Saturday, May 18, 2019

Songs in the Key of WTF

The great Kimberly Lindbergs penned a blog entry over at FilmStuck in 2011 that I only now discovered. She points readers toward a fascinating book on a truly bizarre subject - celebrity records! This was a phenomenon of decades past in which a television or film actor would be convinced to record an album of music to cash in on their fame. These were usually disasters - artist failures of epic proportions that embarrassed the actor and delighted the fan of huge entertainment mistakes. Depending on your taste or ability to absorb the stranger end of recorded music you might enjoy this article and the music she introduces. Here are a few of my favorite examples -

Wednesday, May 15, 2019

Basil Rathbone Sherlock Holmes Poster Art

Monday, May 13, 2019

The Bloody Pit #85 - HORROR ISLAND (1941)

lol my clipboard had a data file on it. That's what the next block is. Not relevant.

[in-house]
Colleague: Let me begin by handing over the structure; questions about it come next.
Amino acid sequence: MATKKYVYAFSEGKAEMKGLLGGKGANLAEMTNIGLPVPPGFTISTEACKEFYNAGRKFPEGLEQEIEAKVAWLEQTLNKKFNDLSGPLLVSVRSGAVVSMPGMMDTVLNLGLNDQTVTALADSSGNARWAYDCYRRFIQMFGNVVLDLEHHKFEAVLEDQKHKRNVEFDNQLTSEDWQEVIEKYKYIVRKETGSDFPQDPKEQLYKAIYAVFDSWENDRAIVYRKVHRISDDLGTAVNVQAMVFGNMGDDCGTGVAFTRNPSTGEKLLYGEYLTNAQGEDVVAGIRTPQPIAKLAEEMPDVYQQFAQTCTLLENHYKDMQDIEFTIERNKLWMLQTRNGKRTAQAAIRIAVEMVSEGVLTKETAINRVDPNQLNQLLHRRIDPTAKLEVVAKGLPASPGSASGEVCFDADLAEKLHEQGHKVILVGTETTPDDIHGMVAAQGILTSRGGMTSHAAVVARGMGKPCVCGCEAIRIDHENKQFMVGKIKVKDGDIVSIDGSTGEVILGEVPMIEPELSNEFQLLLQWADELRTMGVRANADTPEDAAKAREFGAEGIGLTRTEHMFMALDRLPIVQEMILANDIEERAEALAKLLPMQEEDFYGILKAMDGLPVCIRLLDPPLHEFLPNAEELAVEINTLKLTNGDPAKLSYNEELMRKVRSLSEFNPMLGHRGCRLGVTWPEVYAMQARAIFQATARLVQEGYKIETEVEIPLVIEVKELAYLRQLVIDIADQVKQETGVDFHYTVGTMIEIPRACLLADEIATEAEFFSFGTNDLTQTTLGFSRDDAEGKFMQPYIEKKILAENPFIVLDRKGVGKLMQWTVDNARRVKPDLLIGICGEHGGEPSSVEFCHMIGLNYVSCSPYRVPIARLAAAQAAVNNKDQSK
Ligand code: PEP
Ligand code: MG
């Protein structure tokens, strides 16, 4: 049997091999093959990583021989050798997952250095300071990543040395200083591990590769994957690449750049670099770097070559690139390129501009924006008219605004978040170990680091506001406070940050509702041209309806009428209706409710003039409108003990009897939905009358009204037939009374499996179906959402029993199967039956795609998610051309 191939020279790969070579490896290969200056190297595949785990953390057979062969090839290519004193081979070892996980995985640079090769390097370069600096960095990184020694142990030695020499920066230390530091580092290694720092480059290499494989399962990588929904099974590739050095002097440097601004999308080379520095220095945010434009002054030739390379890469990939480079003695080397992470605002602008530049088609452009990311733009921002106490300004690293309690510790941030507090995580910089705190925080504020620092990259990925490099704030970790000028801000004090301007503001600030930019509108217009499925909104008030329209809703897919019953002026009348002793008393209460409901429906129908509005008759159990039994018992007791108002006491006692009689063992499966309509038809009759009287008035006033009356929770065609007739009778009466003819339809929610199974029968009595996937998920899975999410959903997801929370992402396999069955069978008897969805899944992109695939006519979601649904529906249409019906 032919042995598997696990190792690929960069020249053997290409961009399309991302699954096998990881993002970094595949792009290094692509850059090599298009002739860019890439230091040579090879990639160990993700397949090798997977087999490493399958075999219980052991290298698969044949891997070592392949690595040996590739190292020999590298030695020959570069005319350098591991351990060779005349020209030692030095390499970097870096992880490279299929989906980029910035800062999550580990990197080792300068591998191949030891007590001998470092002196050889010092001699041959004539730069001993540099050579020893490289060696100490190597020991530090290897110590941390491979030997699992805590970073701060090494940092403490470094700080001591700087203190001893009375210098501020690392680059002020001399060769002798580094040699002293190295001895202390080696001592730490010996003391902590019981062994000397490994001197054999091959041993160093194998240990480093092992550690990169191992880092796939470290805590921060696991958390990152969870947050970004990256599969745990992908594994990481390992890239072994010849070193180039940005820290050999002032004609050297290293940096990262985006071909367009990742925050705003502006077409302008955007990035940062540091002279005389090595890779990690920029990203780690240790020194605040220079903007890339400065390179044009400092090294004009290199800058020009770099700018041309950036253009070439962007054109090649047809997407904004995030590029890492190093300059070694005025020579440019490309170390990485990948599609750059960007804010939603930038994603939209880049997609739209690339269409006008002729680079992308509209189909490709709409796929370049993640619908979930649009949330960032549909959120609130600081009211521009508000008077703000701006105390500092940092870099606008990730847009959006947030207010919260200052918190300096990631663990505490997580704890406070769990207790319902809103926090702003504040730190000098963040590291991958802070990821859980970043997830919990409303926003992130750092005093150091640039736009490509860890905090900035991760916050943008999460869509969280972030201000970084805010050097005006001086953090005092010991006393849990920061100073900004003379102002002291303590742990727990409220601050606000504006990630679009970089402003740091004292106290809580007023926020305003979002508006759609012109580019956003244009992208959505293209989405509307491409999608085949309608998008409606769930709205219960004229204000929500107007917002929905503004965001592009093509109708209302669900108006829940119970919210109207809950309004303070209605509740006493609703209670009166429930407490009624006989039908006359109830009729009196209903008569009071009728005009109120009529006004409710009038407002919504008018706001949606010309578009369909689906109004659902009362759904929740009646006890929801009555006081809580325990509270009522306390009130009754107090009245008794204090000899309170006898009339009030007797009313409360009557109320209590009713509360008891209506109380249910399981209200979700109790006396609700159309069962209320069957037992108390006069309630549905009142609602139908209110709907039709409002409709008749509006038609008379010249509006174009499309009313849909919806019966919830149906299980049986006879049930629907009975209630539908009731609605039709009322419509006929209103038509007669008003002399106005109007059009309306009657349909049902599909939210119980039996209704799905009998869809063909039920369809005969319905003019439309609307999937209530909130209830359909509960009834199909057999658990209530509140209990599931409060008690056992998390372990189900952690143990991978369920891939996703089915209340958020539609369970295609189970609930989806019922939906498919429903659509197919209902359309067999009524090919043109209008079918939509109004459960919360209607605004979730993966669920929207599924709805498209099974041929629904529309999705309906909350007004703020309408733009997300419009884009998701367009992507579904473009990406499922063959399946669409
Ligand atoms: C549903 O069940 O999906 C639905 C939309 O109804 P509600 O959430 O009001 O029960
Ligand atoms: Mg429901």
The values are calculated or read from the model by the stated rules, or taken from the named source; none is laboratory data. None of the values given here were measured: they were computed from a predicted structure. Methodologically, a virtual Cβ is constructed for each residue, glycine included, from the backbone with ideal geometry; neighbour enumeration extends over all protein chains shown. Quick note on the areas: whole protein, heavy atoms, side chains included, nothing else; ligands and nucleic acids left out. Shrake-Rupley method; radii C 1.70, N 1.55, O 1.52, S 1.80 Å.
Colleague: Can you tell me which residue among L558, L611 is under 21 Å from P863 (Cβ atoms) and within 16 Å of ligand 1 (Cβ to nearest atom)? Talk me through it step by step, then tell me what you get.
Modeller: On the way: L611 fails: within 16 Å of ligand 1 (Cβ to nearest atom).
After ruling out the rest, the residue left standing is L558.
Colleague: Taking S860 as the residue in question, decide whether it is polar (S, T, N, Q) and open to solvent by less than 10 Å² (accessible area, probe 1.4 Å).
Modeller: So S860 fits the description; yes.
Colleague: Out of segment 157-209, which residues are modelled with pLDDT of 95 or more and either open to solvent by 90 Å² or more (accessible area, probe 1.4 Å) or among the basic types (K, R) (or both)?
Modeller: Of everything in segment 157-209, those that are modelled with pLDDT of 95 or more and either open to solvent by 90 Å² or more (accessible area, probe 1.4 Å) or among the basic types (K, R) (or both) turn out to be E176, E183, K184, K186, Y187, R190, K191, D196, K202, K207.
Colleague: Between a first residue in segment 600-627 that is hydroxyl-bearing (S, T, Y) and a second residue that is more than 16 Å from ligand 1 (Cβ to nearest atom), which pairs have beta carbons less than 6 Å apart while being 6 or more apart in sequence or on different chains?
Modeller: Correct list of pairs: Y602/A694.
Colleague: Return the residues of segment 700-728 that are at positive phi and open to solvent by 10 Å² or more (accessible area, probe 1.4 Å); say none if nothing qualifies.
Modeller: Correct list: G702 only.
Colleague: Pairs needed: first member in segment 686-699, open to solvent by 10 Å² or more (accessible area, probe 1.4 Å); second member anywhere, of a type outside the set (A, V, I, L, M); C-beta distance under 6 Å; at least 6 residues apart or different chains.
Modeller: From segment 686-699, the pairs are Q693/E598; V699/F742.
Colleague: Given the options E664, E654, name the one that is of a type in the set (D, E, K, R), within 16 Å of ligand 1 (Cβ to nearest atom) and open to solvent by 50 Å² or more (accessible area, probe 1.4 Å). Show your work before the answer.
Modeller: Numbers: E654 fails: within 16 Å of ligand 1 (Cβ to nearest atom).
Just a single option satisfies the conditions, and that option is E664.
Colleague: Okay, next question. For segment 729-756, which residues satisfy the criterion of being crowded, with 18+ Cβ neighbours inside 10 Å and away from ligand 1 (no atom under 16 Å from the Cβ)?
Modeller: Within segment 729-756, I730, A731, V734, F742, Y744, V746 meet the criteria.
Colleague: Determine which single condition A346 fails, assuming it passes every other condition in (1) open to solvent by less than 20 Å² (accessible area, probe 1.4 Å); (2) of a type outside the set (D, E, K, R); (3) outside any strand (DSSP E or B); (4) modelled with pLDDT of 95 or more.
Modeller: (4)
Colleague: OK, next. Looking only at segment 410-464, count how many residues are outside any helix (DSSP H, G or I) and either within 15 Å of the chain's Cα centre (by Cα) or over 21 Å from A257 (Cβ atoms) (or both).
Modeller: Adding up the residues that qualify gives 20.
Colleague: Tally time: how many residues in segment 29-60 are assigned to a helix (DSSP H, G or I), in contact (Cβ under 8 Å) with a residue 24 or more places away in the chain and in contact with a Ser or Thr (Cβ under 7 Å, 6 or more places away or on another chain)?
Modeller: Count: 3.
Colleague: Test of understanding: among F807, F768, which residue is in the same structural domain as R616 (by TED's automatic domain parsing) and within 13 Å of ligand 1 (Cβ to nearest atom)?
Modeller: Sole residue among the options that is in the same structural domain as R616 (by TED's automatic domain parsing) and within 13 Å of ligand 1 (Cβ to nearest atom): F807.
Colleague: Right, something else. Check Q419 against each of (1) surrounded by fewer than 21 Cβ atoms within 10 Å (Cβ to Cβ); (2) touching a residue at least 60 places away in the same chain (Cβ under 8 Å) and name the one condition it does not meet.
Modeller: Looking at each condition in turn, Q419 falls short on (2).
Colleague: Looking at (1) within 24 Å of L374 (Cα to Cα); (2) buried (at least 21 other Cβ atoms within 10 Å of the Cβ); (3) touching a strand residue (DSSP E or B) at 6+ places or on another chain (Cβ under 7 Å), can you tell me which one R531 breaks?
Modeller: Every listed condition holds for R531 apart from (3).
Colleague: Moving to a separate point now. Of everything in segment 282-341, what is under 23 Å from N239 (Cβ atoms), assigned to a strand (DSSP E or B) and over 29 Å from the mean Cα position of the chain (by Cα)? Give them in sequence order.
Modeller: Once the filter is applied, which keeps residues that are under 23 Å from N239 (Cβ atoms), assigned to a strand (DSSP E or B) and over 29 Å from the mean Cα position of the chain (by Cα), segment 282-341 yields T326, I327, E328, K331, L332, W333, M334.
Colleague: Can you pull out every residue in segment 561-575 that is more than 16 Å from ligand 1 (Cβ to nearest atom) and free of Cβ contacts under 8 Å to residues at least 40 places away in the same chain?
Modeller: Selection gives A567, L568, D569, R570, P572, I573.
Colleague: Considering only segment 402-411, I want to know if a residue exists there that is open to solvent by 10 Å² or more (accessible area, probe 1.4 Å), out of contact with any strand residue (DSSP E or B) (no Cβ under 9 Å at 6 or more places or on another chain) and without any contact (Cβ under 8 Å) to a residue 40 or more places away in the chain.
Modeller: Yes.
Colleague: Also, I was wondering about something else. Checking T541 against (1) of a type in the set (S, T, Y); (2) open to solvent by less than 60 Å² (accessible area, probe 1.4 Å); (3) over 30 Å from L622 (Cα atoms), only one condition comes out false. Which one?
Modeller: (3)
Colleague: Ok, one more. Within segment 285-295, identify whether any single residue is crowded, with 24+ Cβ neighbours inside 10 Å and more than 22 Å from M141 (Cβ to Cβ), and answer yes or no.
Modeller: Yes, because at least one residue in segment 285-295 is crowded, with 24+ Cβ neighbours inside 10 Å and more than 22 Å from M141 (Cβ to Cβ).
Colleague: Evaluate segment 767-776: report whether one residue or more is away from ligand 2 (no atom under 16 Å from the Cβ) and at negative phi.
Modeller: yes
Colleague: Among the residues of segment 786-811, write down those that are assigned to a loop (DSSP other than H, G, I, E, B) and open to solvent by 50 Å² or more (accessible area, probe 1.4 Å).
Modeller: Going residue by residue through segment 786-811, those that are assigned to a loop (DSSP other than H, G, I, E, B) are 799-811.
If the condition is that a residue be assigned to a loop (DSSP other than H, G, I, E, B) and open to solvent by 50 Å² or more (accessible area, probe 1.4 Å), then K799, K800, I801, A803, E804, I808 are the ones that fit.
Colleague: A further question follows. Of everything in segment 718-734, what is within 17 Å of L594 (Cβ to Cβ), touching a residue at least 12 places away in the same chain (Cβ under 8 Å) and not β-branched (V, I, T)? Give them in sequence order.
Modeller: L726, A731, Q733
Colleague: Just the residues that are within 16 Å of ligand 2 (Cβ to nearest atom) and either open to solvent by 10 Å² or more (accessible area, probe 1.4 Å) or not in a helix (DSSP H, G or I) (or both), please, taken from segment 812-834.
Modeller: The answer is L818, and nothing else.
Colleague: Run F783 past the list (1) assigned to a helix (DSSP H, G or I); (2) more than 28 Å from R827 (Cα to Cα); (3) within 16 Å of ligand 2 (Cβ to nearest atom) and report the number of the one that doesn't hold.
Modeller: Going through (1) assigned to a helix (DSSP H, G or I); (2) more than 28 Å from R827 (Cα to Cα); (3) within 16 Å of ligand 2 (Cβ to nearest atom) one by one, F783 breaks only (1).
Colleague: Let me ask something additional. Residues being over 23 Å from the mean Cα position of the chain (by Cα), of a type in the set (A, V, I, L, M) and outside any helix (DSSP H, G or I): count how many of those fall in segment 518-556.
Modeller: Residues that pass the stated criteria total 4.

HORROR ISLAND (1941) is one of the 1940's Universal horror films that gets very little attention. The main reason for this it that it does not feature any of the big horror stars the studio created in the 30's or even an actor from the 40's that went on to larger acclaim inside the genre. Although it reteams the male and female leads from THE MUMMY'S HAND (1940), playing essentially the same roles they enacted so well in that film, it seems that Universal didn't even bother to make note of the fact to ballyhoo this picture. Another thing working against it is the movie's lack of a monster of any kind. It sports a 'phantom' but beyond looking vaguely like The Shadow the character offers little in the way of classic chills to entice the thrill seeking crowd. So, what does HORROR ISLAND offer instead? A fog-bound castle off the coast of Florida, a cast of mildly interesting victims and a hunt for hidden pirate treasure are the ingredients tossed about by the script. It's all a bit light and silly but does this under seen film deliver the goods?